Essential hospitals across the country are increasingly focusing on improving outcomes of patients in critical care units. With nursing and specialist shortages, hospital leaders are emphasizing getting the most from available resources while maintaining quality and efficiency.
Large academic medical centers often are charged with implementing programs that not only reduce costs, but also help community hospitals and other small facilities provide the best care possible.
The virtual intensive care unit (eICU) is one such program. While eICUs do not replace the traditional bedside ICU nurse, these programs add an additional layer of support to the care team. Using technology — including two-way audio/visual devices and software that uses algorithms to predict patient status — bedside nurses and intensivists know more about their patients than what they see during an assessment. Nurses in an eICU can monitor each body system of each patient in real time, allowing for more prompt treatment.
The eICU at the University of Mississippi Medical Center (UMMC) is staffed with highly experienced nurses, with an average of 20 years in the field. These nurses can monitor up to 40 patients at a time, document during codes, notify nurses of extubation risks, and prevent falls in high-risk patients. Some eICUs are staffed with additional providers who can place orders and edit patient plans of care, as needed.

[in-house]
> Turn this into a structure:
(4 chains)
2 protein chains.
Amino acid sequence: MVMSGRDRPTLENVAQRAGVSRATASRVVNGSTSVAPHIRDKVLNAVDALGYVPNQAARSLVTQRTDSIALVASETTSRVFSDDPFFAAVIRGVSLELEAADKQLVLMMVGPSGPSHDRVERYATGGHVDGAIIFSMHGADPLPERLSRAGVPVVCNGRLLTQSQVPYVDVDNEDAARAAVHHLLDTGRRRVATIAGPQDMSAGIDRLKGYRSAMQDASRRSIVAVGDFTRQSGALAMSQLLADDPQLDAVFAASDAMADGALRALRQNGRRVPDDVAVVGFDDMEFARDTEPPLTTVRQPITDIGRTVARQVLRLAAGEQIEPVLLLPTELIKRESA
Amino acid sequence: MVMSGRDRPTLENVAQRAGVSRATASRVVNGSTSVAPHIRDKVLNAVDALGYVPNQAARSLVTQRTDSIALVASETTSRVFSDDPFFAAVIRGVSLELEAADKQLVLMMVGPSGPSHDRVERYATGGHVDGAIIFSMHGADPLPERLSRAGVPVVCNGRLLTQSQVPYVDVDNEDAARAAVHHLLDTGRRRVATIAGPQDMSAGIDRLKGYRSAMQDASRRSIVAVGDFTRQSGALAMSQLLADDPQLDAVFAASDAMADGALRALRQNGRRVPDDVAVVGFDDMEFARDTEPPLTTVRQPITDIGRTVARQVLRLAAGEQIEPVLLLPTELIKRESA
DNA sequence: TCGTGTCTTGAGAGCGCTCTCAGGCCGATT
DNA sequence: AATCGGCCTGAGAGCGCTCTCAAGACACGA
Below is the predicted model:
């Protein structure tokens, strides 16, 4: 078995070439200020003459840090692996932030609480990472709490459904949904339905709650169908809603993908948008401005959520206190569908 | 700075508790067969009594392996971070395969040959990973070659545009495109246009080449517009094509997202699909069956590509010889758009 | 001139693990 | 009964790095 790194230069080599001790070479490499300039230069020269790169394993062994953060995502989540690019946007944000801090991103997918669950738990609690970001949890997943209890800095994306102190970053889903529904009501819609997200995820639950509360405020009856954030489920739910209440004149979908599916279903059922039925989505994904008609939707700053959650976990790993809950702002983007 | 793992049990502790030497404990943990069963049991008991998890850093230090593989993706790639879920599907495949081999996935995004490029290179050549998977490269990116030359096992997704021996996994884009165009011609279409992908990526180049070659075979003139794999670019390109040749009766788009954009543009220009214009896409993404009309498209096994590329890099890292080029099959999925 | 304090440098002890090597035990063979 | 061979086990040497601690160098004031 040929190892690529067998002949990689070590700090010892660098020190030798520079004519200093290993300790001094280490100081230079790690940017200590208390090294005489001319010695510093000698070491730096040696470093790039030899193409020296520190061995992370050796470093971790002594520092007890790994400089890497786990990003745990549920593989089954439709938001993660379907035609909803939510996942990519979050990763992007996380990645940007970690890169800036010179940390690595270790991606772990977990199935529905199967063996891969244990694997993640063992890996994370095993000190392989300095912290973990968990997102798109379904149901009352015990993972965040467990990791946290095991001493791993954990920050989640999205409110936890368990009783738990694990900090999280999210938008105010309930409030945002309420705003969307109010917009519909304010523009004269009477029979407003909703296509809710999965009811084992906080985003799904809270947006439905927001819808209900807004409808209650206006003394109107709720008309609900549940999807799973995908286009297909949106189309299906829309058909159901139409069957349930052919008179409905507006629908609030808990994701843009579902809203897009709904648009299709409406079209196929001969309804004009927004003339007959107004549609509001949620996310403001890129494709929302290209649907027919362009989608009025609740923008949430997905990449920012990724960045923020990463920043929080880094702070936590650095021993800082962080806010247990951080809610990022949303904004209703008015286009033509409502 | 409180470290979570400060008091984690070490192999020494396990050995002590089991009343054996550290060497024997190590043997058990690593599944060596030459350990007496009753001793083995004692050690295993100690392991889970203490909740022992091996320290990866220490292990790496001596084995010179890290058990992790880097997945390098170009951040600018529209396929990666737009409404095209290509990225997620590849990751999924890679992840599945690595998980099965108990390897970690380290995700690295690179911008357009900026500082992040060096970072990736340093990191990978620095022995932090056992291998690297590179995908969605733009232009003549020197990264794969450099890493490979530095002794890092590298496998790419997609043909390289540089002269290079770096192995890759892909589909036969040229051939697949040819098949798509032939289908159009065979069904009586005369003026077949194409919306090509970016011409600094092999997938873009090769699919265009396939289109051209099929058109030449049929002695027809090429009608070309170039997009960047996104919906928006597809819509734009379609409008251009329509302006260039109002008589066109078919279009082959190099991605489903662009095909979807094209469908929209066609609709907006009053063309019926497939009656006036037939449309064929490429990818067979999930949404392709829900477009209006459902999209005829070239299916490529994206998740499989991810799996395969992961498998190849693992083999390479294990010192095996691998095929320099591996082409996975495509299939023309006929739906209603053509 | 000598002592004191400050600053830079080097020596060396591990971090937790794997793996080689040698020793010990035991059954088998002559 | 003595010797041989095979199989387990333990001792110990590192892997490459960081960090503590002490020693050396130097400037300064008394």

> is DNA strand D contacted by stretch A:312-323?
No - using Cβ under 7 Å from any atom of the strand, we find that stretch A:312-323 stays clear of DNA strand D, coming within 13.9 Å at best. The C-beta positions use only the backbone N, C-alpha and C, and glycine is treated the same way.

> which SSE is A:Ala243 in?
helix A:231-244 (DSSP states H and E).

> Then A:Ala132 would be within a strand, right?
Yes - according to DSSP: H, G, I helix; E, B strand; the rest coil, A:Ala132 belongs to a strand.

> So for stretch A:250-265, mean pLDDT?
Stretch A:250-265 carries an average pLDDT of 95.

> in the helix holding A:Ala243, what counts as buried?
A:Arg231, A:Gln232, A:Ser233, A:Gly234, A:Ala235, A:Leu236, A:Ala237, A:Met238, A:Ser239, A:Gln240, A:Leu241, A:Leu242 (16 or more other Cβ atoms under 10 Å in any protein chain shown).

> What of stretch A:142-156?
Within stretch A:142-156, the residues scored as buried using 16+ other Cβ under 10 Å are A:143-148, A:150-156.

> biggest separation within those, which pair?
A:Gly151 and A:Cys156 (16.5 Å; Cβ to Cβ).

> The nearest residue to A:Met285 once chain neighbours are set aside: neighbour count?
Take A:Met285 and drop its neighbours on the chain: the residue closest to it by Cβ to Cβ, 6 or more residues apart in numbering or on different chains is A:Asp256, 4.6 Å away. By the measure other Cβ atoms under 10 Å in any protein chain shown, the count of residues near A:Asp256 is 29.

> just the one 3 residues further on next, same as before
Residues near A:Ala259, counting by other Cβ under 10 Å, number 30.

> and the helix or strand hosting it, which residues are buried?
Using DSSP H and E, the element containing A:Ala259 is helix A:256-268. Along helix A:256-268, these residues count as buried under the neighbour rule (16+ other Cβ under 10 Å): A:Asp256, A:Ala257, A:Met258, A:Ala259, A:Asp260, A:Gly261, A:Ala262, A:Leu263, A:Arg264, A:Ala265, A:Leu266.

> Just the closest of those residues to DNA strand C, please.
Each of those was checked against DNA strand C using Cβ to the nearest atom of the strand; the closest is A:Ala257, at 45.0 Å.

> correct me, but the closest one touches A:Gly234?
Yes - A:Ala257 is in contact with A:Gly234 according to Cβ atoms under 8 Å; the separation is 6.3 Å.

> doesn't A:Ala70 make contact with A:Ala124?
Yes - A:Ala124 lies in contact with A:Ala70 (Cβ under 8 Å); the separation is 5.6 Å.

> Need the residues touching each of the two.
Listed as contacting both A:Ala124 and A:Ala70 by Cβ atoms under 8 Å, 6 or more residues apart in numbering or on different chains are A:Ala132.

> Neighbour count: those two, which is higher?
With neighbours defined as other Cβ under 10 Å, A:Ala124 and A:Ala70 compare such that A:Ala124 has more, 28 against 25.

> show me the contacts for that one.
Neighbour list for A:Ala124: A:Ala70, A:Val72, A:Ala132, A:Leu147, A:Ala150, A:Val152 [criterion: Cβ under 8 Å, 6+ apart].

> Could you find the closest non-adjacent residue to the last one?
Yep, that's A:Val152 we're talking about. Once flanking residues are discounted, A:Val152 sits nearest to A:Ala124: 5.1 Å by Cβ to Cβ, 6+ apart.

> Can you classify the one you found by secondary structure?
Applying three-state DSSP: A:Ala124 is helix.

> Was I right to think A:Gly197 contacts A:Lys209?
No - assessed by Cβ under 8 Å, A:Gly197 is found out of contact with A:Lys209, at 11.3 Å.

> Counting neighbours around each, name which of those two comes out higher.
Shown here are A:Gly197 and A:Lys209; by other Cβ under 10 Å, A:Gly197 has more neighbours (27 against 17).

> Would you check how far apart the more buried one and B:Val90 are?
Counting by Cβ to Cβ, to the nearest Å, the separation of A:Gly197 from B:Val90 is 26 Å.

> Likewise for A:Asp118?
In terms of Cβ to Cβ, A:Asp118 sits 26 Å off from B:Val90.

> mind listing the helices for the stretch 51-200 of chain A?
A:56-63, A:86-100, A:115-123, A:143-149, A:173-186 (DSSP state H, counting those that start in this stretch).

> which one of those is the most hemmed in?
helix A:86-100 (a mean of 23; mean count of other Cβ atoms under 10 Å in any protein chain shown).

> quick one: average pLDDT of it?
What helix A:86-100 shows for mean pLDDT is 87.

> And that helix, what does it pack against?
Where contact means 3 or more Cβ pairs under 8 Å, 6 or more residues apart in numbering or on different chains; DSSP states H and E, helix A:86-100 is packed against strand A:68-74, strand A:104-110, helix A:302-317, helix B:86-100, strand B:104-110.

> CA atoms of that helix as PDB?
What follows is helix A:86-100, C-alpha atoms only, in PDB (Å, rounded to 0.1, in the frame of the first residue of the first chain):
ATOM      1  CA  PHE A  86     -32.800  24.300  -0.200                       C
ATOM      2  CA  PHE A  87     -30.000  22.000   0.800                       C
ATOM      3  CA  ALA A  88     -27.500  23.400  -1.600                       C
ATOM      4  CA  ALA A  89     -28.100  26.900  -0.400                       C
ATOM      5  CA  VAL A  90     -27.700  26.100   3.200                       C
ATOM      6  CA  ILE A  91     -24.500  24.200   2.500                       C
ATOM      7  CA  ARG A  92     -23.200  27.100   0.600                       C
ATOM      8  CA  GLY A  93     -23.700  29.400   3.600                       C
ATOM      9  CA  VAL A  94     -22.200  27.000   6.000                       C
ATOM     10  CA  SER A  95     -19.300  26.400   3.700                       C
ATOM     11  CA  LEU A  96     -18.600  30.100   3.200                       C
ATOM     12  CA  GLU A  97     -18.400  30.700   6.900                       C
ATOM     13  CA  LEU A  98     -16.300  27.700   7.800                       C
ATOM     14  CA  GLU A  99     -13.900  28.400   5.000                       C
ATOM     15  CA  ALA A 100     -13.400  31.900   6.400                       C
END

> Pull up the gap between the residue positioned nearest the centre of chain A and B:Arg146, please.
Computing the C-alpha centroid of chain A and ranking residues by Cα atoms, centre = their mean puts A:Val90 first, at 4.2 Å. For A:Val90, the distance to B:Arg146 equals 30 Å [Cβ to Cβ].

Our eICU programs provide rural and underserved areas of the state with access to health care services they otherwise would not have. Through the eICU, we have helped rural hospitals prevent unnecessary transfers of patients, allowing these patients to remain in their community and receive care closer to home. Compared with hospitalization in a traditional ICU, patients additionally monitored by an eICU are:
- 26 percent more likely to survive the ICU;
- discharged from the ICU 20 percent faster;
- 16 percent more likely to survive hospitalization overall and be discharged; and
- discharged from the hospital 15 percent faster.
The use of eICU as a proactive care model continues to support UMMC’s improved outcomes and costs. Similar models could be used in essential hospitals across the country to support our shared mission of ensuring access to care for all people.
Tearsanee Carlisle Davis, DNP, FNP-BC, is the director of clinical and advanced practice operations at UMMC’s Center for Telehealth.